During the Ecocentre day out we ran a sediment sampling run, looking for microplastics in the sediment of the Maribynong River. Port Phillip Bay has had very few studies of this type and hopefully the work done over the last years by researchers and government agencies can be ramped up to discover the depth of the problem, literally.
We have teamed with Dr Mark Osborn and Dr Slobodanka Stojkovic from RMIT this year to analyse our samples which are collected daily during the Two Bays 2016 program. Last year we did the same and it emerged from those studies that the most abundant microplastic in our samples (from Port Phillip Bay) was from plastic fibres in clothes. The EPA has given a huge amount of in-kind support to our citizen science arm of the project and we were fortunate to have Dr Randall Lee on board to help with the sampling on this day.
We had two methods for sampling during this year's Two Bays. We daily ran a microplastics trawl and collected microplastics at the end of the day from 212 micron and 425 micron sieves, from water (from the water column about a meter beneath the vessel) pumped into Pelican 1. We also, as pictured above, did some sediment testing. The scientists are looking at the microplastics that may end up deposited in the sediment. There has not been a lot of study yet about the microplastics in marine sediment and interactions between these plastic particles and toxicants, which are known to fuse with the plastic. The tiny pieces also attract other organisms, who leap on the life-raft of plastic chance to create miniature ecologies. We hope to further this much needed field of investigation in our home embayment and develop more studies for Two Bays 2017.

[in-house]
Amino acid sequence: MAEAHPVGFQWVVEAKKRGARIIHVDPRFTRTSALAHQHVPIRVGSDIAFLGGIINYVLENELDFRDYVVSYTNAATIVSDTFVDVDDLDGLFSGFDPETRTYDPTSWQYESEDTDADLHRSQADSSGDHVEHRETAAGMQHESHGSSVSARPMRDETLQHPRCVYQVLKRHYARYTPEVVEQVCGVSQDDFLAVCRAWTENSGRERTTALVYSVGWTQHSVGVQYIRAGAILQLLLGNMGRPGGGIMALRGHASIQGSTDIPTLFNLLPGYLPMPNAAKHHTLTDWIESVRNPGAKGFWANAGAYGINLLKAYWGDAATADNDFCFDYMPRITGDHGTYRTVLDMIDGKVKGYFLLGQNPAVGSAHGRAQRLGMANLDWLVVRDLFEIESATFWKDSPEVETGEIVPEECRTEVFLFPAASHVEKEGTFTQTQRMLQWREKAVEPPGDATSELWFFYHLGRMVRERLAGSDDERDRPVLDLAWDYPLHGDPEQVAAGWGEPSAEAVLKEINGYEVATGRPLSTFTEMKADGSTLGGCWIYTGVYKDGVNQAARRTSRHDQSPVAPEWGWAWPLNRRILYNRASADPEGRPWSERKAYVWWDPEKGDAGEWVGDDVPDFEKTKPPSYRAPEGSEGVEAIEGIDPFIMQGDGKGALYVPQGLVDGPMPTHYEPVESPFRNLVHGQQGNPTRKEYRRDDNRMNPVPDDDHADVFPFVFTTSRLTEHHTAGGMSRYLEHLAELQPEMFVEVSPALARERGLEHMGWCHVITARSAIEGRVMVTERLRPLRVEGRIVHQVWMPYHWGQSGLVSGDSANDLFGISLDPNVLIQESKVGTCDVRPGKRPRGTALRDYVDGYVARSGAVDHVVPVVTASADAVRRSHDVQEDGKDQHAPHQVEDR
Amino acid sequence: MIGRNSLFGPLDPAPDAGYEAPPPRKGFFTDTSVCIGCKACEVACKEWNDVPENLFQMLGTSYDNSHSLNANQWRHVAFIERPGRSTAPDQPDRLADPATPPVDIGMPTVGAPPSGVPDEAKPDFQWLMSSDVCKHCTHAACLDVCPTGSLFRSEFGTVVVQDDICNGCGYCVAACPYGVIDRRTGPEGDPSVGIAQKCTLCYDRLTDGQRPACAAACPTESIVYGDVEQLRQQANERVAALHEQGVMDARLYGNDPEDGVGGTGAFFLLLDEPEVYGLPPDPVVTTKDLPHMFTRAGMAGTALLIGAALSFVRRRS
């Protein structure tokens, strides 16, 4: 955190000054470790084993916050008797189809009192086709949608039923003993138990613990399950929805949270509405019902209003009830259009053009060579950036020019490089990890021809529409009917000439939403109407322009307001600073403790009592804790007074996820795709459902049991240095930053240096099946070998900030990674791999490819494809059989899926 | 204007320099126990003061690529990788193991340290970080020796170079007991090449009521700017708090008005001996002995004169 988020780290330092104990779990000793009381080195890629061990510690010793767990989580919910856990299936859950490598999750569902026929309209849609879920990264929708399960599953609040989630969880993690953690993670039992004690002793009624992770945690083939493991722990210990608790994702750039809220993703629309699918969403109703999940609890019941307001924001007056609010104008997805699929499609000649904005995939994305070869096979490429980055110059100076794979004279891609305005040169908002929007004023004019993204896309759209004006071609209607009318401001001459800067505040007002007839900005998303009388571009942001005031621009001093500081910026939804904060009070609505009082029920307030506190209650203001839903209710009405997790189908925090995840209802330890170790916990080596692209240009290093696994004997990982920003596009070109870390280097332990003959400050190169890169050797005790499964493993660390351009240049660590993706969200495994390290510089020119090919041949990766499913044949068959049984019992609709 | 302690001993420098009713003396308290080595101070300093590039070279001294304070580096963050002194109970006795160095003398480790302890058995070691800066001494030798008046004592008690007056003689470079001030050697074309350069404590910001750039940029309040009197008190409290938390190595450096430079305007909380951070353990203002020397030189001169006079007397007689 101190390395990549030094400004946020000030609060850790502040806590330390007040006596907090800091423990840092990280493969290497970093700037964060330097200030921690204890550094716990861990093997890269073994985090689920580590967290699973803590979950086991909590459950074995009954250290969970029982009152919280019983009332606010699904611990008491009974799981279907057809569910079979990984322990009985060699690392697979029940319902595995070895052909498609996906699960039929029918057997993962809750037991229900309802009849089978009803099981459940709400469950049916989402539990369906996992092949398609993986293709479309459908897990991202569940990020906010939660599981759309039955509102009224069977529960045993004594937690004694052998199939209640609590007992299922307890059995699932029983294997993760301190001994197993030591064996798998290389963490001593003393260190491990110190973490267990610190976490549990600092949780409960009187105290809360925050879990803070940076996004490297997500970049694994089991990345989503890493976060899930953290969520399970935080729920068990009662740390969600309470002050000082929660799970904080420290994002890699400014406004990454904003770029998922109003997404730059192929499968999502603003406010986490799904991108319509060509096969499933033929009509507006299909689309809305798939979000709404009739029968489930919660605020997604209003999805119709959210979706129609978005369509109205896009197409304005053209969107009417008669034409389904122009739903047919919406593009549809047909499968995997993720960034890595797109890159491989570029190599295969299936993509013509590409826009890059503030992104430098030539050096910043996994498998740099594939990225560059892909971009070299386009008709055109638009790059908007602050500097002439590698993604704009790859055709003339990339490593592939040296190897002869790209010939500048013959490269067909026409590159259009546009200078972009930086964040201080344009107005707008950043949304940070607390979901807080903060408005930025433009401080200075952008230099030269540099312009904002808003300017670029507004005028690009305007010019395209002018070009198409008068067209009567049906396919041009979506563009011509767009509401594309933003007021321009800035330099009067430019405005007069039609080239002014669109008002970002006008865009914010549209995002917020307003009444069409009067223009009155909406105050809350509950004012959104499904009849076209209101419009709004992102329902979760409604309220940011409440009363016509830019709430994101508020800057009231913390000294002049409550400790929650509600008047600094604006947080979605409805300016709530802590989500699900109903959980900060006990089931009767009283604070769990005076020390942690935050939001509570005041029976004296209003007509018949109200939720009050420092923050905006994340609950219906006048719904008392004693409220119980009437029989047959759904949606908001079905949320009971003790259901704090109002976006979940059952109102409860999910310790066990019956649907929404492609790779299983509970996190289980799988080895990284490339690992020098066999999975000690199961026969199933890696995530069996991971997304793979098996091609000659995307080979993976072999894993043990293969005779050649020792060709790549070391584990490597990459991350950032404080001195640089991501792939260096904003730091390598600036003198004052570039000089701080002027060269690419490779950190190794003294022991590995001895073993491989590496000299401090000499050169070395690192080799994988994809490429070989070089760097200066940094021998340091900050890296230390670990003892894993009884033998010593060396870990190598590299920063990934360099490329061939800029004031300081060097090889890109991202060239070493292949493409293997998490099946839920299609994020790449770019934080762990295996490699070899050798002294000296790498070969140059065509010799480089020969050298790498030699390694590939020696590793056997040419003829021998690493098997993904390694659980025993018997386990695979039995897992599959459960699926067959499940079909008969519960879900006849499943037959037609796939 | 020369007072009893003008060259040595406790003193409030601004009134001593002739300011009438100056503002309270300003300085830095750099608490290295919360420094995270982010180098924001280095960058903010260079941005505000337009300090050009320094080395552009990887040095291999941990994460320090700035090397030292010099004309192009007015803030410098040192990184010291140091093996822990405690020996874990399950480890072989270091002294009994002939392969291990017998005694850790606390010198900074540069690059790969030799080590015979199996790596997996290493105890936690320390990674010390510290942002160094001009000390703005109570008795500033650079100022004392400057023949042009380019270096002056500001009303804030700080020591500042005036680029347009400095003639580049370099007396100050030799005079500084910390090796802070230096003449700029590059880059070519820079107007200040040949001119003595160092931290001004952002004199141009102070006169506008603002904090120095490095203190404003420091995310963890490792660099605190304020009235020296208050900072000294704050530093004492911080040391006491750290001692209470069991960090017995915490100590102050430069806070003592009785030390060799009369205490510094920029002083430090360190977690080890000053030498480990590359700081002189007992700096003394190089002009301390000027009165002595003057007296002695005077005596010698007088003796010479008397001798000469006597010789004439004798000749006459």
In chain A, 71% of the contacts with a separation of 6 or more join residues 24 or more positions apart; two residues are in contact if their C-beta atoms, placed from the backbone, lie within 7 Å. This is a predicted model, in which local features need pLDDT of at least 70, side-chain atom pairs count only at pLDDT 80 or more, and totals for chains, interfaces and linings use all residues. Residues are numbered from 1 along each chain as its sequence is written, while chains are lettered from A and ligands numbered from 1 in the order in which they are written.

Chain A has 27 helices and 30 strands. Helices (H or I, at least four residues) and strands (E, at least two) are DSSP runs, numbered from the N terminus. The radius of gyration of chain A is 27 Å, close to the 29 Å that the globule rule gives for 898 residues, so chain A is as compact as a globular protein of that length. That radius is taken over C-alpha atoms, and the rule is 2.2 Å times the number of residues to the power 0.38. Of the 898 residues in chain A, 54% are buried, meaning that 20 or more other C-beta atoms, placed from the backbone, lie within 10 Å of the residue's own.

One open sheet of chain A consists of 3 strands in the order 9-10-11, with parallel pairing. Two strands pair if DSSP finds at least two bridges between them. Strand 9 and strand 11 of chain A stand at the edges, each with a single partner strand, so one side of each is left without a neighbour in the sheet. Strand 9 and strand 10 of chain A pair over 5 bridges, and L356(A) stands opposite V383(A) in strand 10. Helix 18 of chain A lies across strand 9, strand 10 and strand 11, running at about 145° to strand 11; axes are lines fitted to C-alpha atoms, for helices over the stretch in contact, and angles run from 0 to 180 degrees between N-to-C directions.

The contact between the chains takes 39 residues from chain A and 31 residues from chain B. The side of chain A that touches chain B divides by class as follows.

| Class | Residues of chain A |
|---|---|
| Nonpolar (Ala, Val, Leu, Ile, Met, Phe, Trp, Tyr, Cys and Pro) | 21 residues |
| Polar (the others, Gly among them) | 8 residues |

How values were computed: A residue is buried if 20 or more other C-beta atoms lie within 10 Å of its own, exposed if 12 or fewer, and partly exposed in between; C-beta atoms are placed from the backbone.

Below is a photo of our Marine Educator Harry Breidahl, showing another sediment dweller- sea cucumbers. Unfortunately we did not study these little critters to see if they had ingested microplastics but we will endeavour to include them in our future studies.
The PDF below is from a talk given recently by Dr Mark Osborn about plastics in the aquatic environment.